TROIKA

Adam Pelzman

A young Cuban woman passes her nights dancing in a seedy Florida strip club; a Russian orphan loses everything, then builds a new and prosperous life for himself in New York; a woman struggles to maintain her dignity and hope after a life-changing accident—these are the three members of the troika whose story is told in this dazzling literary debut.

Their lives unexpectedly intertwined, Perla, Julian and Sophie discover a world—a way of life—that forces them to challenge their definitions of commitment, love and trust, a world that heals old wounds and inspires them to transform tragedy into beauty.

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A young Cuban woman passes her nights dancing in a seedy Florida strip club; a Russian orphan loses everything, then builds a new and prosperous life for himself in New York; a woman struggles to maintain her dignity and hope after a life-changing accident—these are the three members of the troika whose story is told in this dazzling literary debut.

Their lives unexpectedly intertwined, Perla, Julian and Sophie discover a world—a way of life—that forces them to challenge their definitions of commitment, love and trust, a world that heals old wounds and inspires them to transform tragedy into beauty.

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  • Berkley
  • Paperback
  • April 2015
  • 304 Pages
  • 9780425275368

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About Adam Pelzman

Adam Pelzman studied Russian literature at the University of Pennsylvania and received a law degree from UCLA. Troika is his first novel. He lives in New York City with his son.

Praise

“Riveting drama and sensuous prose make for an unforgettable love story.”—Kirkus Reviews

“So beautiful and powerful…Pelzman’s talent and vision are formidable.”—Publishers Weekly

“Troika opens in a strip club, an unlikely setting for a love story. Author Pelzman plays with reader expectations throughout his debut novel, delaying the introduction of the third member of his love triangle until deep into the book. The payoff is significant and surprising. Pelzman inhabits each of these characters with an intimate first person, and each point of view sounds authentic, as well as distinct from the others.” —Booklist

“Troika is literary gold, and Adam Pelzman is a shooting star.”—Bookreporter.com

Discussion Questions

The narrative is structured in an unusual way: For most of the book, Perla’s and Sophie’s stories are told in the first person and Julian’s is told in the third person. Not until Epilogue #1 does the reader finally hear from Julian directly. How does this narrative structure affect the story?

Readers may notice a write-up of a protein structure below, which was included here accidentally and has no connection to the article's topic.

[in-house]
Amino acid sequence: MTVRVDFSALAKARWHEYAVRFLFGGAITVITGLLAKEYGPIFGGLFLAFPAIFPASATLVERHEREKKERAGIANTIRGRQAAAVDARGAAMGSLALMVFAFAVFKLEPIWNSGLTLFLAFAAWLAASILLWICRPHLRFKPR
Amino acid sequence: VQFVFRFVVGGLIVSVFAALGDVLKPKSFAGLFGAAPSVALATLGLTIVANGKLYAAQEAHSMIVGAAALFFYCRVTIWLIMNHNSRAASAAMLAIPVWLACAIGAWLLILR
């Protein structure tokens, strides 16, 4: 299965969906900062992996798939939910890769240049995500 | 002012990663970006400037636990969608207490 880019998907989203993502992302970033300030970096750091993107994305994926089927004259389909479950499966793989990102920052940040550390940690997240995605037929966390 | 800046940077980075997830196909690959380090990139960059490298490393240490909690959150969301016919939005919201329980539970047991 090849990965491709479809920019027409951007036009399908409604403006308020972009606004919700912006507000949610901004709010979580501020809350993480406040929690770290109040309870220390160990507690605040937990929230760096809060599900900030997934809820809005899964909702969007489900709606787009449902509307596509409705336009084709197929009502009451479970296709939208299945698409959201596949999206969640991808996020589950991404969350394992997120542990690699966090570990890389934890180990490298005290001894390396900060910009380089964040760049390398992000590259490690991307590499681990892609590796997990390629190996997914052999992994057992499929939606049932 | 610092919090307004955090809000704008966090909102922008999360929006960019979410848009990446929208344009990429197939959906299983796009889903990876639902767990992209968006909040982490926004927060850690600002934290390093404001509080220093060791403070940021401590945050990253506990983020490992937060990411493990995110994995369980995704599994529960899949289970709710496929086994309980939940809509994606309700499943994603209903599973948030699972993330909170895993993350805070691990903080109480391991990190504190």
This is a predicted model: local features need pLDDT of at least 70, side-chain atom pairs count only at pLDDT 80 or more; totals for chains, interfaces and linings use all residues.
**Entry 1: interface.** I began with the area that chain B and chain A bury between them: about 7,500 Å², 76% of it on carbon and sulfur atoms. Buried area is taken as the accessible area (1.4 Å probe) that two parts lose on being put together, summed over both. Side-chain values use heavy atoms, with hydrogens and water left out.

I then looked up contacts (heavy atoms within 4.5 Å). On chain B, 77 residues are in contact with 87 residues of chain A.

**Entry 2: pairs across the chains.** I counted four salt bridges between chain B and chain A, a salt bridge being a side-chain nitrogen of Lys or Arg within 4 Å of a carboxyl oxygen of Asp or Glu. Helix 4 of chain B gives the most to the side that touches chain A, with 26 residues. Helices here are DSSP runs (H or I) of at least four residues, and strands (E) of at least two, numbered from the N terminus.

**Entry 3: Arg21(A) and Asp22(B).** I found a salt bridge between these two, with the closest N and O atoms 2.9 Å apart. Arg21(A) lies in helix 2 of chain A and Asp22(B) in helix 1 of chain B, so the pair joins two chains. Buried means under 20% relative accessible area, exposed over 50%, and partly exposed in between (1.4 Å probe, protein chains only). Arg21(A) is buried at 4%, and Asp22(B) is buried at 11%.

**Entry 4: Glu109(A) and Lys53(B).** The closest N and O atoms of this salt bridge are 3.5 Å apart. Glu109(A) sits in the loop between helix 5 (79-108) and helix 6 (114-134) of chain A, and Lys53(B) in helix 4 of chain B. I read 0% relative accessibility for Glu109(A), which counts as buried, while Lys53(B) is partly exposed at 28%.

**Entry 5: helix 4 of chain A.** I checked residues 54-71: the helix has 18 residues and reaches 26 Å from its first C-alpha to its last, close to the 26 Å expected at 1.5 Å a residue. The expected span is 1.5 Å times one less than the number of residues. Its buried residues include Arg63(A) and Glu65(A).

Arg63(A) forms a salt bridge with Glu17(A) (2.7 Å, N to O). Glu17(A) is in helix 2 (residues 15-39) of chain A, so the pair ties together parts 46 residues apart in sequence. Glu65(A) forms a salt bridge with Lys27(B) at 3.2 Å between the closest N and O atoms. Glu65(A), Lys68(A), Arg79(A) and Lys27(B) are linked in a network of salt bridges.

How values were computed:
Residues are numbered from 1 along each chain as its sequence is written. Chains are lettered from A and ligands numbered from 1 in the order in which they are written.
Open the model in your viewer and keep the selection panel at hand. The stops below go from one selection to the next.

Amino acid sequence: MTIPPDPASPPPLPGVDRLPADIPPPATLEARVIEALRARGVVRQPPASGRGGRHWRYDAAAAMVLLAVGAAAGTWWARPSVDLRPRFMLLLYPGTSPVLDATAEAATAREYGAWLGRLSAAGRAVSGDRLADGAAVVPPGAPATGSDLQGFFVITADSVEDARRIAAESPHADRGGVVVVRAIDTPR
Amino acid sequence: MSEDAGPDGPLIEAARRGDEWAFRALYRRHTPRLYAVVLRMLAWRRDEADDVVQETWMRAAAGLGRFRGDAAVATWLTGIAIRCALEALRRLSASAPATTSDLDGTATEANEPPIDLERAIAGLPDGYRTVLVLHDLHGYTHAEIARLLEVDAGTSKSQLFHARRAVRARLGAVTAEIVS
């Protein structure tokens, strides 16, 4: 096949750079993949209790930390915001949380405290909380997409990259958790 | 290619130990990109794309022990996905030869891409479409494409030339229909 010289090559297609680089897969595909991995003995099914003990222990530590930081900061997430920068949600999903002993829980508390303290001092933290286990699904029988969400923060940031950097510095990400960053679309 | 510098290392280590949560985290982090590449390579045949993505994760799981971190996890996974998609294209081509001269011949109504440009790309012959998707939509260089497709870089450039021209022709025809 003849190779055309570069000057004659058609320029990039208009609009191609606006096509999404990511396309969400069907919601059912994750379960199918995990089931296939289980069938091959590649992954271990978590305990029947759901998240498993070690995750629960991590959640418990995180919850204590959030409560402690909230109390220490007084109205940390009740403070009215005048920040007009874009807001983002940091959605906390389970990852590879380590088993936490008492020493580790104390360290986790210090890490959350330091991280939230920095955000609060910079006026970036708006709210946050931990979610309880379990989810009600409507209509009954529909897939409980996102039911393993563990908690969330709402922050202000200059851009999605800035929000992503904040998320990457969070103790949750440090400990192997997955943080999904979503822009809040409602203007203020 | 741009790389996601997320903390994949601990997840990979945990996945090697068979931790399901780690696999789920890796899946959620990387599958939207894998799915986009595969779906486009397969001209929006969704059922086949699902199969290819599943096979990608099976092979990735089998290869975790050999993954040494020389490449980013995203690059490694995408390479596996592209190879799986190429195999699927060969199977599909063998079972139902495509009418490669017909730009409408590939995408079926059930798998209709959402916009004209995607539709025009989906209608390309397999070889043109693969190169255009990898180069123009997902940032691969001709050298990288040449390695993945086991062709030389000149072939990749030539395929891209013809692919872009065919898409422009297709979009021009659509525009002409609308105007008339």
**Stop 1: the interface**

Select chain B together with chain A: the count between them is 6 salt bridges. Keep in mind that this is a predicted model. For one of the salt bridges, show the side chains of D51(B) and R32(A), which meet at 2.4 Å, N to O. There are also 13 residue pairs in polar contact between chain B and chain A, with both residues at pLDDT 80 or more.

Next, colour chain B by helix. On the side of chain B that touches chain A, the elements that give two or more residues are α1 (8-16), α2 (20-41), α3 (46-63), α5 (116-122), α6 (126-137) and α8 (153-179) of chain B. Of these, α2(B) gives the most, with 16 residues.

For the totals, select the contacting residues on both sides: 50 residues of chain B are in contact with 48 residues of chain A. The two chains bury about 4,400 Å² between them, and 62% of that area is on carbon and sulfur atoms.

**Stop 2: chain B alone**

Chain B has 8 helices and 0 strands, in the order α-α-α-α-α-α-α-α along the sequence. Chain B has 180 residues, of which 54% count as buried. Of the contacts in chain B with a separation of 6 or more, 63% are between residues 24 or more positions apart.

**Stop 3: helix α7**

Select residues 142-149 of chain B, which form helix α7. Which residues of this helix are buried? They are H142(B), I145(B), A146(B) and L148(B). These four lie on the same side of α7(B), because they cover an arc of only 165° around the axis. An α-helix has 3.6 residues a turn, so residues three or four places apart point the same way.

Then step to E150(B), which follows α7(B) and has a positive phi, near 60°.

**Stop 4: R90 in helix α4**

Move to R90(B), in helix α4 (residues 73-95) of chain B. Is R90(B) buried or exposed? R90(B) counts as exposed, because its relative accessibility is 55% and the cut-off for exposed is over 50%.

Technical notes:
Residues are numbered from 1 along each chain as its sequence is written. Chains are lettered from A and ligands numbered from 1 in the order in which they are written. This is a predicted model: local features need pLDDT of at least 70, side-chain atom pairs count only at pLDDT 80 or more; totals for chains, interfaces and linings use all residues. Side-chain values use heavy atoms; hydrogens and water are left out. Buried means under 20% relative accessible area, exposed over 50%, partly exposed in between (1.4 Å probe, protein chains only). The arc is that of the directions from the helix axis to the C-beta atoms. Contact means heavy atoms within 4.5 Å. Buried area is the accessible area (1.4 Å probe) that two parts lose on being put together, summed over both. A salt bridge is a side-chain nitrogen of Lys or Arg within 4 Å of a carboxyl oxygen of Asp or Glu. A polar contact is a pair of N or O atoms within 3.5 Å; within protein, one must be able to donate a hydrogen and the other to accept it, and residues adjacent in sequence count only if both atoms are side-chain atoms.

Julian is a man who is prone to violence, obsessed with making money, and unfaithful to his disabled wife. What about his personality, his experiences and actions, makes him an appealing character despite these characteristics?

How would the story be different if, instead of being a stripper, Perla were, say, a waitress or a lawyer? Is there any connection between the fact that Julian’s mother was a prostitute and Perla is a stripper? Did Perla’s job affect your view of her? If so, how?

Consider how Sophie’s disability has changed her life. At one point she says, “There are times—and now is one of them—when I hate myself and want to die. Never have I had the courage to kill myself, to take the necessary and affirmative steps to ensure my own death.” Does she truly wish she were no longer alive? How has being paralyzed affected her: Her mentality? Her personality? Her relationship with Julian? Her relationship with herself?

In light of her sexual limitations, Julian is unfaithful to his wife. Are there circumstances under which marital infidelity is justifiable? Or should spouses always be faithful to each other regardless of the circumstances?

Is it significant that Julian and Perla come from foreign countries, and if so, why? How does their “immigrant experience” help form their identities? How might the story have changed if Julian and Perla had been born in the United States?

Julian is a violent man, but he resorts to violence only when he believes his cause is just. Is his violent behavior justified when he kills Krepuchkin or when he attacks Sophie’s uncle? Are there circumstances in which violence is not only justified, but indeed required?

Although the book is ultimately about Julian, Sophie, and Perla, there are two old men—Frankmann and Old Pepe—who pass wisdom down to these characters when they are children. Consider the influences that the two men have on the lives of Julian and Perla, and how their teachings are instrumental to the story. What is the importance of having an older mentor during one’s youth, somebody (other than a parent) who imparts great wisdom and experience?

Julian blames himself for Sophie’s accident, even though she does not hold him responsible. How does his guilt affect him and his relationship with Sophie? Why do people sometimes have trouble letting go of guilt even if they are innocent or have been forgiven?

Perla is stuck in a dead-end job, Sophie is stuck in her paralyzed body, and Julian is trapped by his past. They have all suffered in their own ways, yet their suffering ultimately changed their lives for the better. How have painful experiences in each of their lives helped shape them and eventually led to great joy? In what ways have they been able to liberate themselves? In what ways are they still trapped?

The relationship among Julian, Sophie, and Perla challenges the traditional model of a monogamous romantic relationship. Is it possible to be involved in more than one healthy, intimate relationship, if all parties agree? What are some issues these characters might face in their unconventional relationship? Do you agree with their decision to have this arrangement?